Childr Health Information

Suggestions for Follow Up of an Acute Asthma Attack

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Topic: Diseases & Conditions

This handout was written to answer some of the questions most often asked about follow-up care after an asthma attack. Feel free to ask your doctor or nurse practitioner to go over any information you do not understand.

How should I take care of my child at home?

Although your child has received medications to relieve his/her breathing problems and the discomfort he/she is feeling, you can do several things to reduce the chance for he/she to have another asthma episode and make your child more comfortable.

  1.  Follow any special instructions your doctor or nurse has given you.
  2.  Give your child’s controller medicine daily (green zone on Asthma Action Plan). Watch your child take his/her inhaled medication to make sure he/she is doing it correctly. Put the medicine by his/her tooth brush to remind him/her to take it daily and rinse his/her mouth out after taking the medication. This should help your child not have breathing problems. Call your child’s doctor if you think your child’s medicine is not working or having side effects.
  3.  Encourage room temperature liquids such as water, juice or Kool-Aid.
  4.  Keep your child fairly quiet the first six to eight hours, and then slowly start normal activities.
  5. Keep your child away from his/her known triggers plus cigarette smoke, strong perfumes and aerosol sprays that can cause his/her to have breathing problems. If you are not sure what you child’s specific triggers are, write down where and what your child was doing when he/she began to have trouble breathing and what action you had to take.
  6.  Protect your child from getting respiratory infections. Keep him/her from people with colds and the flu. Ask your child’s doctor about giving him/her flu and pneumonia shots.
  7.  Return to see your child’s doctor (primary and/or specialist) for his/her follow-up visit(s). Take your child’s asthma diary, medication and Asthma Action Plan with you.
  8. If your child is not getting better on his/her controller medication, he/she may develop acute (sudden) breathing problems. Give your child’s reliever (rescue) medicine as directed as soon as he/she is having early warning signs such as cough, wheeze, chest tightness, wakes up at night (yellow zone on Asthma Action Plan). If not better after 24 hours or symptoms get worse then call your doctor.
  9.  Give your child reliever medication as directed if he/she is having late warning signs such as breathing hard and fast, nose opens wide, can’t walk or talk or ribs/neck sinks in. Call your doctor and take your child to the emergency department or Call 911 if your child turns pale or blue gray around the lips. The emergency doctor will contact your doctor.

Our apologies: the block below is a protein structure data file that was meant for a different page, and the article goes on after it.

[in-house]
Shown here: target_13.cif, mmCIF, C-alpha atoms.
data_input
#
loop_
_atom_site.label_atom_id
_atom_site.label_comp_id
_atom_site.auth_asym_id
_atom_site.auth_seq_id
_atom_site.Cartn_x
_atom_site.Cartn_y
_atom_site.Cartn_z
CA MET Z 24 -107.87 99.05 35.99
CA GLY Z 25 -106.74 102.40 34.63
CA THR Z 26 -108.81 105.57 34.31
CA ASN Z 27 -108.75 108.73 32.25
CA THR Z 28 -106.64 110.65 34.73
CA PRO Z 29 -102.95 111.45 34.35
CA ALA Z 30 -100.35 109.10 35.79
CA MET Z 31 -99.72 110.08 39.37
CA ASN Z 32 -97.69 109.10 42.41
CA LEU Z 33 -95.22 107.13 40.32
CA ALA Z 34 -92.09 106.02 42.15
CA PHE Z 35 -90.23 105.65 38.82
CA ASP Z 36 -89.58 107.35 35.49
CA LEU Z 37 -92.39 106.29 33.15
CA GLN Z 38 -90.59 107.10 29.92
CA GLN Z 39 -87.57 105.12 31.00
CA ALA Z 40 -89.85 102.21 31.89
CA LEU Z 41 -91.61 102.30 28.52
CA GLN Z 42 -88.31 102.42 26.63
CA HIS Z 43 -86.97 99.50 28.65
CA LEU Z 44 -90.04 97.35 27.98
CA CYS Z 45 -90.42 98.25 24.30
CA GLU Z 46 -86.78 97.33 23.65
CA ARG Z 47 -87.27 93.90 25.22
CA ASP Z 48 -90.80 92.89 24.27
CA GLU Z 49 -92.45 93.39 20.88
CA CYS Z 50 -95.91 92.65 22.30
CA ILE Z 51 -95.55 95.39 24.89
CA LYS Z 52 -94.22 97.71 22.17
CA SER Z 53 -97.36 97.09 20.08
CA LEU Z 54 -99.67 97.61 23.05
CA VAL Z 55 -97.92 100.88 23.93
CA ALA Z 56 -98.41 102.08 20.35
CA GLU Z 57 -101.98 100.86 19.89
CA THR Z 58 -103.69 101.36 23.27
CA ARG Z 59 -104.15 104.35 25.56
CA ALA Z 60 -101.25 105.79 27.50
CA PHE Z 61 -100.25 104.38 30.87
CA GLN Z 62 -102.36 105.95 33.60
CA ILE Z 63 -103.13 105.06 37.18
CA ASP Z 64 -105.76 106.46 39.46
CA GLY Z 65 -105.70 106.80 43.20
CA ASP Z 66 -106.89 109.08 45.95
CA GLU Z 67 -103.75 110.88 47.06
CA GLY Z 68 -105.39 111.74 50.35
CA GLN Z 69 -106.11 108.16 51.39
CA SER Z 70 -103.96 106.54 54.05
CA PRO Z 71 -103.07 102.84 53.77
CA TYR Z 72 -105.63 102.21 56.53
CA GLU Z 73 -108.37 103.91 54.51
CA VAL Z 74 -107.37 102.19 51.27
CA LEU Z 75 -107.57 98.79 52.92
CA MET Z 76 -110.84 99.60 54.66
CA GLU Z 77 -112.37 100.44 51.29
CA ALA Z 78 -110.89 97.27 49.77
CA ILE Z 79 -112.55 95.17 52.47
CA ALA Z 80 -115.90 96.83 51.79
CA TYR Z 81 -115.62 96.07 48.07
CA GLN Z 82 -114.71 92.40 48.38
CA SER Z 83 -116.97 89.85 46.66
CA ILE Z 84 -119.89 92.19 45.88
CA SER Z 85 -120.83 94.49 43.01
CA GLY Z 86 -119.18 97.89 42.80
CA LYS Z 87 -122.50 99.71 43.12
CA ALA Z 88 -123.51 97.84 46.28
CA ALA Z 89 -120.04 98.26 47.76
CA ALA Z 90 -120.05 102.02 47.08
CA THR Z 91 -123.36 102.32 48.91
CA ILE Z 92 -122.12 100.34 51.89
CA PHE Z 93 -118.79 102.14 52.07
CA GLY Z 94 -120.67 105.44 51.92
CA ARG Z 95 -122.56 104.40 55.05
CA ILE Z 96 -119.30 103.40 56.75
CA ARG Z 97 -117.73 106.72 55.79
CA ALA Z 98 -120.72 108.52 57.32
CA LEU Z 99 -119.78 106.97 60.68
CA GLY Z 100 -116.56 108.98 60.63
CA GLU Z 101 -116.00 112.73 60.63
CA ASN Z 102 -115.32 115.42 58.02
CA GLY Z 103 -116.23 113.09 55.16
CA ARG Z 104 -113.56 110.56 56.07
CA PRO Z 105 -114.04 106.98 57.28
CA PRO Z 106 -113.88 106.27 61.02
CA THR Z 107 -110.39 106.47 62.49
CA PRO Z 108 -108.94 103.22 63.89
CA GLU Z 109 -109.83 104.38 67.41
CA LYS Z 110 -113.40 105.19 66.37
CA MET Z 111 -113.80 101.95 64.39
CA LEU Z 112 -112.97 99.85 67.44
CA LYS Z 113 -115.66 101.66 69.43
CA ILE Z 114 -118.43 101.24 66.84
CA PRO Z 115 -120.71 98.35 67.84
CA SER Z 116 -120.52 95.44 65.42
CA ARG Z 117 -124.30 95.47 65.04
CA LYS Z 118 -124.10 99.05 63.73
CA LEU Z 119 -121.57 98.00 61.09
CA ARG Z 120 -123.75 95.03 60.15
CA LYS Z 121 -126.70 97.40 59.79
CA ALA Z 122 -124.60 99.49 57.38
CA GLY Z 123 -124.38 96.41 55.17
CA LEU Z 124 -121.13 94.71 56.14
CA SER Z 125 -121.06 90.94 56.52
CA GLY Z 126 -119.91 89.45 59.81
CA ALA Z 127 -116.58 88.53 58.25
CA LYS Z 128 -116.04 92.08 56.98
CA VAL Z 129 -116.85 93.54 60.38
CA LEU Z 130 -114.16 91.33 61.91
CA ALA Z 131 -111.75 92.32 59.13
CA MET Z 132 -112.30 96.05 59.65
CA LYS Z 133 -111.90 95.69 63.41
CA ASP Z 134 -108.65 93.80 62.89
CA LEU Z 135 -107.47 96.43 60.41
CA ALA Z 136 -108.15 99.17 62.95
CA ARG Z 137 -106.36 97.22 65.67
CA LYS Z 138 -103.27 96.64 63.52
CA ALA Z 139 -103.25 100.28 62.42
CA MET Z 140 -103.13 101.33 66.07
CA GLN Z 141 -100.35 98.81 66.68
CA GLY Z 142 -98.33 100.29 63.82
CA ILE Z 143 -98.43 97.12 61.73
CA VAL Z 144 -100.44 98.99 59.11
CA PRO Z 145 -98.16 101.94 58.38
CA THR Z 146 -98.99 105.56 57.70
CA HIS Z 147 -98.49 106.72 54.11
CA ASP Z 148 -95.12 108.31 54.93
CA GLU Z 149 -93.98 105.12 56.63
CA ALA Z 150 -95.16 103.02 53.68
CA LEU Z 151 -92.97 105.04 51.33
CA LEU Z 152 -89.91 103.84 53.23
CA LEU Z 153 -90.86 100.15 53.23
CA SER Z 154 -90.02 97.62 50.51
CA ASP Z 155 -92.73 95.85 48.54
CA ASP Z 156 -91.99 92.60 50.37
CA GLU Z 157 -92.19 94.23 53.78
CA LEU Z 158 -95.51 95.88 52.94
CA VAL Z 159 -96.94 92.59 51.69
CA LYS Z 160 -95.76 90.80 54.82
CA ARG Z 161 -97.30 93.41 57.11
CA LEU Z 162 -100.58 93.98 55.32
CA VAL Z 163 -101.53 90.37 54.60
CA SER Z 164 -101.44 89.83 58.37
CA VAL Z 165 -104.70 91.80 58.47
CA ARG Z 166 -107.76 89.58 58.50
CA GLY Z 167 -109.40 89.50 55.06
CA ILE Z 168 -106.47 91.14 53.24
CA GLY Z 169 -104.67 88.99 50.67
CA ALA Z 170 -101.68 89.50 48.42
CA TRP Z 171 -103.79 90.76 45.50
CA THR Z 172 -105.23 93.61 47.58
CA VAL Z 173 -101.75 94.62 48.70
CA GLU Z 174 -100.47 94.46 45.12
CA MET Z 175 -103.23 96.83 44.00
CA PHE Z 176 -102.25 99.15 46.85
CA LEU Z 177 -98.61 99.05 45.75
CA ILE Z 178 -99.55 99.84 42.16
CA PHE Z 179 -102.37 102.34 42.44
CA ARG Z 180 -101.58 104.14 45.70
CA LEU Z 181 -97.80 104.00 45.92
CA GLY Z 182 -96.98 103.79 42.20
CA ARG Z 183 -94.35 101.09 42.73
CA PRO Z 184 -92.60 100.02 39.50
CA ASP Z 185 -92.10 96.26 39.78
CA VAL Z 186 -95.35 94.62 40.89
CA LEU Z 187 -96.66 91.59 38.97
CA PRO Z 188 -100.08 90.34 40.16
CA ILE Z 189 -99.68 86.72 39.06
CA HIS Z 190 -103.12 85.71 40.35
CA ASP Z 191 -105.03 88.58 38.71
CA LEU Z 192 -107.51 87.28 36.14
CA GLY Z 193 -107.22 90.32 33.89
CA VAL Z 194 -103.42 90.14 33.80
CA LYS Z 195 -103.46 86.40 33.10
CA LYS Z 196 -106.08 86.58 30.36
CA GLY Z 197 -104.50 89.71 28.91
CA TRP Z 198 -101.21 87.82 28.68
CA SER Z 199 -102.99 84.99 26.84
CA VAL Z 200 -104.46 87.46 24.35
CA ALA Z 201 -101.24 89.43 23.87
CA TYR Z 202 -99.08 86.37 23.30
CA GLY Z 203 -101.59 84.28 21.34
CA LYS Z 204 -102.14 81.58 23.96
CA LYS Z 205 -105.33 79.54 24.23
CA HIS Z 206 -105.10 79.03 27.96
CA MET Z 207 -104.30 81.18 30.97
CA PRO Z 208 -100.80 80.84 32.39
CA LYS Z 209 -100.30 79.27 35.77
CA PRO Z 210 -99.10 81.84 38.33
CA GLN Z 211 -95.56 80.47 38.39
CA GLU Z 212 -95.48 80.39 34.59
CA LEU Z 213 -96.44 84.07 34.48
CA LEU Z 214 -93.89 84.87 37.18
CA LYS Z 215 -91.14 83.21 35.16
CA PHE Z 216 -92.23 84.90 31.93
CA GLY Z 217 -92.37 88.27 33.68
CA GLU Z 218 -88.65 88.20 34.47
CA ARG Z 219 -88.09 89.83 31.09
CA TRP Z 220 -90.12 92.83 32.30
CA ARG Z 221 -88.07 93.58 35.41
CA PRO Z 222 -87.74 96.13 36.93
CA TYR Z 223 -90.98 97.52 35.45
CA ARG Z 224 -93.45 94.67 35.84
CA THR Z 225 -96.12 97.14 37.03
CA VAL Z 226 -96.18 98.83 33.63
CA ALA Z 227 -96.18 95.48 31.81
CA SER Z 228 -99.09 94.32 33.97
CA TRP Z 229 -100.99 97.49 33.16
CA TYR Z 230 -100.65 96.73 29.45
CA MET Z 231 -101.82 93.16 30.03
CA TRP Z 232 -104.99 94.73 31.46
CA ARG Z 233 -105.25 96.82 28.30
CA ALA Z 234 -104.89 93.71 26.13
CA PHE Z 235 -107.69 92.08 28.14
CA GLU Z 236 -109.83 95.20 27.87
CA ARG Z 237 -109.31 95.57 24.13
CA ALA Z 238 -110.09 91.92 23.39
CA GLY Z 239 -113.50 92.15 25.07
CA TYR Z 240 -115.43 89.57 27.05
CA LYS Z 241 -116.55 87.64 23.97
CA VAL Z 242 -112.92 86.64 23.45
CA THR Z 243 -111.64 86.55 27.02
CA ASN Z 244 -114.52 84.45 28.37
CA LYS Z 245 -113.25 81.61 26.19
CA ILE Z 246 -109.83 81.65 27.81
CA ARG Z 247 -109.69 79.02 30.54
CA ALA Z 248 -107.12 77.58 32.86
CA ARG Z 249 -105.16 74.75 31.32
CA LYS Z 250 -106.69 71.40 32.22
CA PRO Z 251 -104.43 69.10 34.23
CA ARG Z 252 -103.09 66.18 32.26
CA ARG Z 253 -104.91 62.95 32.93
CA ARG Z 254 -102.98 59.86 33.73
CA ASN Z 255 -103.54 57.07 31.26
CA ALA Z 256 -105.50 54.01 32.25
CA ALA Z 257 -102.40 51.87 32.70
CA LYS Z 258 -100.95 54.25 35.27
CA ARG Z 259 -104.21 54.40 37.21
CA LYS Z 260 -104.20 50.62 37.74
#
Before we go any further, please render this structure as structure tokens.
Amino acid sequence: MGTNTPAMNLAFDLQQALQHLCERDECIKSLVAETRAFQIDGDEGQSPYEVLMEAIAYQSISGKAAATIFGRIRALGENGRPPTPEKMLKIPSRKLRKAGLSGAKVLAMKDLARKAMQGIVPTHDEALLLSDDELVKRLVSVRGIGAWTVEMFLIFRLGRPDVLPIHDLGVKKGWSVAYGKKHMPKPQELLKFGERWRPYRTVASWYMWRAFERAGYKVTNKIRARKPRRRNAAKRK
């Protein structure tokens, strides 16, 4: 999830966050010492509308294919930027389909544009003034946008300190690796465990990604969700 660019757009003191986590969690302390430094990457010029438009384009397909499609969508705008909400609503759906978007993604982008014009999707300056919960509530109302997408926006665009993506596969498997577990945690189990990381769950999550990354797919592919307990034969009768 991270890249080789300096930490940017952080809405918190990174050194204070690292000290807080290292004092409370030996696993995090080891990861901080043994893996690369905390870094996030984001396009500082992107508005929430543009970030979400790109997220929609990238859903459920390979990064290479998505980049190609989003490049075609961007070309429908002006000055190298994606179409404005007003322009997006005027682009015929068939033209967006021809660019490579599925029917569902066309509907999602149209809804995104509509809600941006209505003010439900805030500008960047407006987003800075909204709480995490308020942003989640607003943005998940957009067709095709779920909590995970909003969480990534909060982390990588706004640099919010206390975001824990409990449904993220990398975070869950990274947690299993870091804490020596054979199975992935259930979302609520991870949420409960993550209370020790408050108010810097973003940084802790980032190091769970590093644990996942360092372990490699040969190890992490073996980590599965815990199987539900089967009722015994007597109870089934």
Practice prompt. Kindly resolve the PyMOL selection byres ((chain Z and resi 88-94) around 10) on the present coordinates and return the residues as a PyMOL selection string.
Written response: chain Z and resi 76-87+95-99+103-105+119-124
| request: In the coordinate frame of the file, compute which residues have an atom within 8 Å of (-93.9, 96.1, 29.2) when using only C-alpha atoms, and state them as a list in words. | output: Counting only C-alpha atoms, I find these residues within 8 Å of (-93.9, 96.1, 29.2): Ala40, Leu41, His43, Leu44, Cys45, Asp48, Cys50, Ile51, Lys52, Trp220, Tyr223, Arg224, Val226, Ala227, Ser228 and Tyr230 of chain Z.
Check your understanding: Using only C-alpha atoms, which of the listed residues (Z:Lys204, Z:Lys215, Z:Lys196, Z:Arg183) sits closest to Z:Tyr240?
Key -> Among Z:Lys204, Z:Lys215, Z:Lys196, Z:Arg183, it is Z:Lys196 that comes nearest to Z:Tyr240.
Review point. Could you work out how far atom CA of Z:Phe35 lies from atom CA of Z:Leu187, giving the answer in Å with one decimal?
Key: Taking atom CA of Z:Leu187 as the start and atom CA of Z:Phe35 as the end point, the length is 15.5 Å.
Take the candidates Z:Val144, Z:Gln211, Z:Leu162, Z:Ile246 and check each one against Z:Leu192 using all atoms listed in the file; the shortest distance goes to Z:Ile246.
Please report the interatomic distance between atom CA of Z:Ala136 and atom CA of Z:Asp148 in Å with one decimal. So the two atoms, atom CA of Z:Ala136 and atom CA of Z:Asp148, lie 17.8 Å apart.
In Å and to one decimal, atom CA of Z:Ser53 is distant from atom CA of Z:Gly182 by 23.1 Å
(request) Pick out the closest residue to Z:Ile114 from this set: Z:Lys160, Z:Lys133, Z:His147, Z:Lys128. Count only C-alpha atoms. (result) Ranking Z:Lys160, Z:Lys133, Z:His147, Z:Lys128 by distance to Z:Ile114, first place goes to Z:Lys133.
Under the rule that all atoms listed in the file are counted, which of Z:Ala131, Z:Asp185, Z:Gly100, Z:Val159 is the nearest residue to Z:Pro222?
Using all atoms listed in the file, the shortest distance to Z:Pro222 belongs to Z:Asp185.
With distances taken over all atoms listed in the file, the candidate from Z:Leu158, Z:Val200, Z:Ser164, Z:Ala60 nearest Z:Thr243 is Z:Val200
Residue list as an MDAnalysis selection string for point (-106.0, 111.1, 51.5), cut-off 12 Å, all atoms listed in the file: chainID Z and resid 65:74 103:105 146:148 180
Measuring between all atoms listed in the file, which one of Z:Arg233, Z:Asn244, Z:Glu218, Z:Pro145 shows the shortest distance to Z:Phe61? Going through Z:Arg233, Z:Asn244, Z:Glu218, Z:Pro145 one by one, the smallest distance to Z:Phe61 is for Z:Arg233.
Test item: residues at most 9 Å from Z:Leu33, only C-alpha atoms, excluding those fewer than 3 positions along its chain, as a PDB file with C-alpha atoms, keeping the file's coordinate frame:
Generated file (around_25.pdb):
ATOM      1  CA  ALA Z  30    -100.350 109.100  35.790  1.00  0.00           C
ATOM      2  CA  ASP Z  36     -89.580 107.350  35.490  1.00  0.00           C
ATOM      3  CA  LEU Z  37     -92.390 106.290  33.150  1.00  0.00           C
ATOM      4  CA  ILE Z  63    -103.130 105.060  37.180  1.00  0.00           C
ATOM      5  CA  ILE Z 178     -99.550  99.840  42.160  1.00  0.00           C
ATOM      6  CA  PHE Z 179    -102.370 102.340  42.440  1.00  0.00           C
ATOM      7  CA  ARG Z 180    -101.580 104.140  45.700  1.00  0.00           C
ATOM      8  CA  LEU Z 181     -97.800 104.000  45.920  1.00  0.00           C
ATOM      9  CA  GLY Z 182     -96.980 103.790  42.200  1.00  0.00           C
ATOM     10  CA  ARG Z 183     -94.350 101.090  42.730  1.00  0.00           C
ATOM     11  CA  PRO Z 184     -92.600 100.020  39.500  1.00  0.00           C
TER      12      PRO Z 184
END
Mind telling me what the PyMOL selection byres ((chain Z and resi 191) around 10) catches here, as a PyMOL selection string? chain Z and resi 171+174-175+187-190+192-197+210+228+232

PDF: Asthma

Derechos de autor(c) de The Children's Medical Center, ano 1999. Este material unicamente tiene fines educativos. No puede ser reproducido, distribuido ni modificado sin previa autorizacion de The Children's Medical Center of Dayton, One Children's Plaza, Dayton, Ohio, 45404-1815. Llame al 937-641-3666 para solicitar autorizacion o para obtener un juego maestro para copias. Para obtener mas informacion puede visitar www.childrensdayton.org (consulte la seccion de informacion legal).

La informacion contenida en este material es unicamente informacion de tipo general. No debe considerarse como completa. Para obtener mas informacion acerca de los complementos para leche materna, por favor pidala a su doctor.
Corregido: 1994, 1998, 2010
Revisado: 2001, 2004, 2007

The information contained in this handout is for general information only and should not be considered complete. For specific information about bathing your baby, please ask your doctor or nurse practitioner.

Additional information may be located in the Family Resource Center, 2nd floor, near the Outpatient Surgery Center. Hours of the center vary; please contact the Family Resource Center at 937-641-3700.

Copyright(c) The Children's Medical Center of Dayton. This material is for educational purposes only. It cannot be reproduced or distributed without permission from Dayton Children's.
Revised: 1994, 1998, 2010
Reviewed: 2001, 2004, 2007

 

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